Enjoy homecooked meals for breakfast, lunch, and dinner. Take part in activities like horseback riding, fly fishing, hiking, and tubing the Teton River. For a genuine Montana dude ranch experience, it can’t be beaten!
Another lodging option in Great Falls is the Holiday Inn Express and Suites, Great Falls. There’s an indoor pool with a slide as well as a hot tub, a fitness center, a business center, and laundry facilities.
22. Travel the Montana Dinosaur Trail
No need for safari vehicles or Jeff Goldblum on this dinosaur tour! The trail consists of a series of 14 museums, sites, and attractions that can be found throughout central and eastern Montana.
It’s a dino nut’s heaven!
Travel to Montana to visit some of them, including The Museum of the Rockies in Bozeman, the Upper Musselshell Museum in Harlowton, the Montana Dinosaur Center in Bynum, the Museum of the Rockies in Bozeman, the Blaine County Museum in Chinook, the Great Plains Dinosaur Museum in Malta, and the Carter County Museum in Ekalaka.
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Yellowstone Country is found in south-central Montana and features a diverse scene of natural springs, iconic parks, and outdoor recreation along the Yellowstone River.
Top towns to visit include Gardiner, Livingston, West Yellowstone, and Bozeman, which is home to Montana State University.
23. Spend a few days at Yellowstone National Park
Yellowstone’s most famous faithful friend, Old Faithful, is in the Wyoming section of the park. It’s only about 40 miles from Gardiner, so it may be worthwhile to go while you have the chance. The west entrance is the closest to Old Faithful. Even if don’t go, you’ll still be able to check out waterfalls, western landscapes, and wildlife such as bighorn sheep and mountain goats.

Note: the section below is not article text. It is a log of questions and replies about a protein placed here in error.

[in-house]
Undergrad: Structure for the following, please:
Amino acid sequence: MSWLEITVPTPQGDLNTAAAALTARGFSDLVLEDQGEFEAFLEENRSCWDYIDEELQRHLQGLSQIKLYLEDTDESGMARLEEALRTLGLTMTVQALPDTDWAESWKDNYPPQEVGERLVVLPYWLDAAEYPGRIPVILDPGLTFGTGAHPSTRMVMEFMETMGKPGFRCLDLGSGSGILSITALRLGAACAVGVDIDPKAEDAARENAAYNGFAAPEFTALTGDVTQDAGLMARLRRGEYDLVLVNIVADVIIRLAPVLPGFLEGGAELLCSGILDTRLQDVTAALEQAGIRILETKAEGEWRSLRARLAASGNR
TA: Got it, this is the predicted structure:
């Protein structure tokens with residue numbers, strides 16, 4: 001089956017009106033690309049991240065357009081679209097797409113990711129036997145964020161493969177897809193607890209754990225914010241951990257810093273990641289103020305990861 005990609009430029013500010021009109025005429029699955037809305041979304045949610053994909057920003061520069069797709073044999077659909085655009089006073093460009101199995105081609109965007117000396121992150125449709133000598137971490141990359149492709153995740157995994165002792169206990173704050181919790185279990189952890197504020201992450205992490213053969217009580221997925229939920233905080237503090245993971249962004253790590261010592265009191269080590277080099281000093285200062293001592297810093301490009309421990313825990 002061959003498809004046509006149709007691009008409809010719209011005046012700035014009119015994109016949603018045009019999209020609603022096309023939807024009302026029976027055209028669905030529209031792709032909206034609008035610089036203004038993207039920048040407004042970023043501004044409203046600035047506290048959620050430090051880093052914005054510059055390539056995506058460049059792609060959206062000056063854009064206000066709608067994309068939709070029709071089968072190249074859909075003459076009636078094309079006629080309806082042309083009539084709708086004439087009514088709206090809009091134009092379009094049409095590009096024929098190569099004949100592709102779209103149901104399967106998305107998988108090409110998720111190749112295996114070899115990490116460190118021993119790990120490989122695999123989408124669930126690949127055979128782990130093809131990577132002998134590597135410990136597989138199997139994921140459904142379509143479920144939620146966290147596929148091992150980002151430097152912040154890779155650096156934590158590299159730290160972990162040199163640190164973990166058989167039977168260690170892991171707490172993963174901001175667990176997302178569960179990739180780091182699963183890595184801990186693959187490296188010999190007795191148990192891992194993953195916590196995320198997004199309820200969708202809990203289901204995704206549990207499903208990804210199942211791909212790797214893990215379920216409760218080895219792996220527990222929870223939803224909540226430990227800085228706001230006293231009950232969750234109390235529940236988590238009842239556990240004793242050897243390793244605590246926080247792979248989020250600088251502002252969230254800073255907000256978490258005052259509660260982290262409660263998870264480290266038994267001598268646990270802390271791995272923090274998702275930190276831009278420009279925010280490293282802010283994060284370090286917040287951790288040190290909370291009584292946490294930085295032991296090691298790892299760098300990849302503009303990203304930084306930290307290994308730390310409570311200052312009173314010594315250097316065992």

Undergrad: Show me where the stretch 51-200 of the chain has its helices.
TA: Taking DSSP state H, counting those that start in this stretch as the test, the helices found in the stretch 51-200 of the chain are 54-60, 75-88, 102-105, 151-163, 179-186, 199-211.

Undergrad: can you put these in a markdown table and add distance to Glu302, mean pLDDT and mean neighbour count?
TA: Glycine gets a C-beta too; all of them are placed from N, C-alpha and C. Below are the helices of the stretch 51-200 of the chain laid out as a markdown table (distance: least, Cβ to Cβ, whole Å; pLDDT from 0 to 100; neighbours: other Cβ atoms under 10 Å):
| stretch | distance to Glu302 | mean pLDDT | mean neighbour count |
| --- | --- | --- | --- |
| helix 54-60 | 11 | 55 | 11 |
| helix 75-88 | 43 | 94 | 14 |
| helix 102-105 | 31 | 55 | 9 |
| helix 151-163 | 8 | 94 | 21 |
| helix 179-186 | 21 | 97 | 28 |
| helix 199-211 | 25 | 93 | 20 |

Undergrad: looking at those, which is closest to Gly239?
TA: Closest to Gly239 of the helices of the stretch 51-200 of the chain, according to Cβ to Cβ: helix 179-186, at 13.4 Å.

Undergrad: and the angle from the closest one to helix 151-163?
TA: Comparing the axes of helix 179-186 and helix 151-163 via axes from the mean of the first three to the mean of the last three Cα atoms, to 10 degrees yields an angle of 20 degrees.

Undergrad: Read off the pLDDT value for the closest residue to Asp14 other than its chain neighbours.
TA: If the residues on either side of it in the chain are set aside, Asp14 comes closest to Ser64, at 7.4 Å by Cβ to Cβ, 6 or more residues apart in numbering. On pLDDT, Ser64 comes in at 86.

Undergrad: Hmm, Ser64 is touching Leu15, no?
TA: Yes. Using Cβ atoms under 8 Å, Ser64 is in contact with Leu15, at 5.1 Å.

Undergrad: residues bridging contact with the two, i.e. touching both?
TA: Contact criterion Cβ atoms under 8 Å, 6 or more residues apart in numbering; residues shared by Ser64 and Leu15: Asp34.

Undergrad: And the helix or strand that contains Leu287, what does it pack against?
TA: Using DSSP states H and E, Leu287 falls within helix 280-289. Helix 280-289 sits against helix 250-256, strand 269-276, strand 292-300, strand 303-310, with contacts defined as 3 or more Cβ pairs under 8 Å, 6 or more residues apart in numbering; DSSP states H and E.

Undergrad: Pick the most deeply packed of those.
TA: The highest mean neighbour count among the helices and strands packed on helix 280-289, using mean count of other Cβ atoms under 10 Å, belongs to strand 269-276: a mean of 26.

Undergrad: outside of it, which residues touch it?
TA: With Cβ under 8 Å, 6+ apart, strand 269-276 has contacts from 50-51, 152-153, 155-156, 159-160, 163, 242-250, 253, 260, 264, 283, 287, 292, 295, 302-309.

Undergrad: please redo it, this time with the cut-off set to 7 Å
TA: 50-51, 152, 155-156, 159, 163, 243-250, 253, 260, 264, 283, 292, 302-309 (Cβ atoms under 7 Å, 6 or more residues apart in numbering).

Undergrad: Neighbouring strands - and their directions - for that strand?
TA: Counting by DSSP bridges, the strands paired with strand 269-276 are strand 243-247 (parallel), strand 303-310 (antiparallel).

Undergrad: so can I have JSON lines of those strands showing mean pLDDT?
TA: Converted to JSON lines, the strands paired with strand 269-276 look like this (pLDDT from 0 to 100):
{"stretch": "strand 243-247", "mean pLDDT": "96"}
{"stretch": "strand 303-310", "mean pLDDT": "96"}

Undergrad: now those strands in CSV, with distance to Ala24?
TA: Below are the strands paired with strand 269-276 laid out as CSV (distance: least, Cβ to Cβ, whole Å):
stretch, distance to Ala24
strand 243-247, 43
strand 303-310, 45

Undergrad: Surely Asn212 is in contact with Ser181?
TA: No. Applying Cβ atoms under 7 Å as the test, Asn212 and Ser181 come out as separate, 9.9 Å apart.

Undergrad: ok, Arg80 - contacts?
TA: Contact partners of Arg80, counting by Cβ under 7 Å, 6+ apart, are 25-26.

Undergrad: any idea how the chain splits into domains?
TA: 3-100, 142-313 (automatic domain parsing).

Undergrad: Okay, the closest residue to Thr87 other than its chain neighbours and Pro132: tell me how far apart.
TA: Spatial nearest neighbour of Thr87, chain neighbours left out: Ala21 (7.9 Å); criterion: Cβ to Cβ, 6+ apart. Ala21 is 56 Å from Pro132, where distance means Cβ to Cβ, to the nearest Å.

Take a guided wildlife tour of Yellowstone National Park to get a real insider’s point of view. Tours start in Gardiner and offer the chance to see bears, bison, moose, and more as you learn about the area from knowledgeable guides.
Yellowstone is one of the best places to visit in Montana, so you’ll want to savor the chance to explore as much of this national park’s wonderland as you can. Check out the hiking trails, the Yellowstone River, and the Rocky Mountains of West Yellowstone.
Looking for accommodations near West Yellowstone? Surrounded by mountain peaks, Yellowstone Village Inn and Suites has an indoor pool, a lounge area, a picnic area, a sun deck, and free Wi-Fi. Guest rooms have a fridge, a coffeemaker, and flat-screen TVs. Breakfast options are available.
Mammoth Hot Springs Hotel, named after the nearby springs and located in Yellowstone, offers suites, deluxe rooms, frontier cabins, and two-room cabins. Where else will you see elk grazing right outside your door?
24. Grizzly and Wolf Discovery Center
Located in West Yellowstone, the Grizzly and Wolf Discovery Center is a fun way to learn about local wildlife, particularly the once-endangered grizzly bear and gray wolf.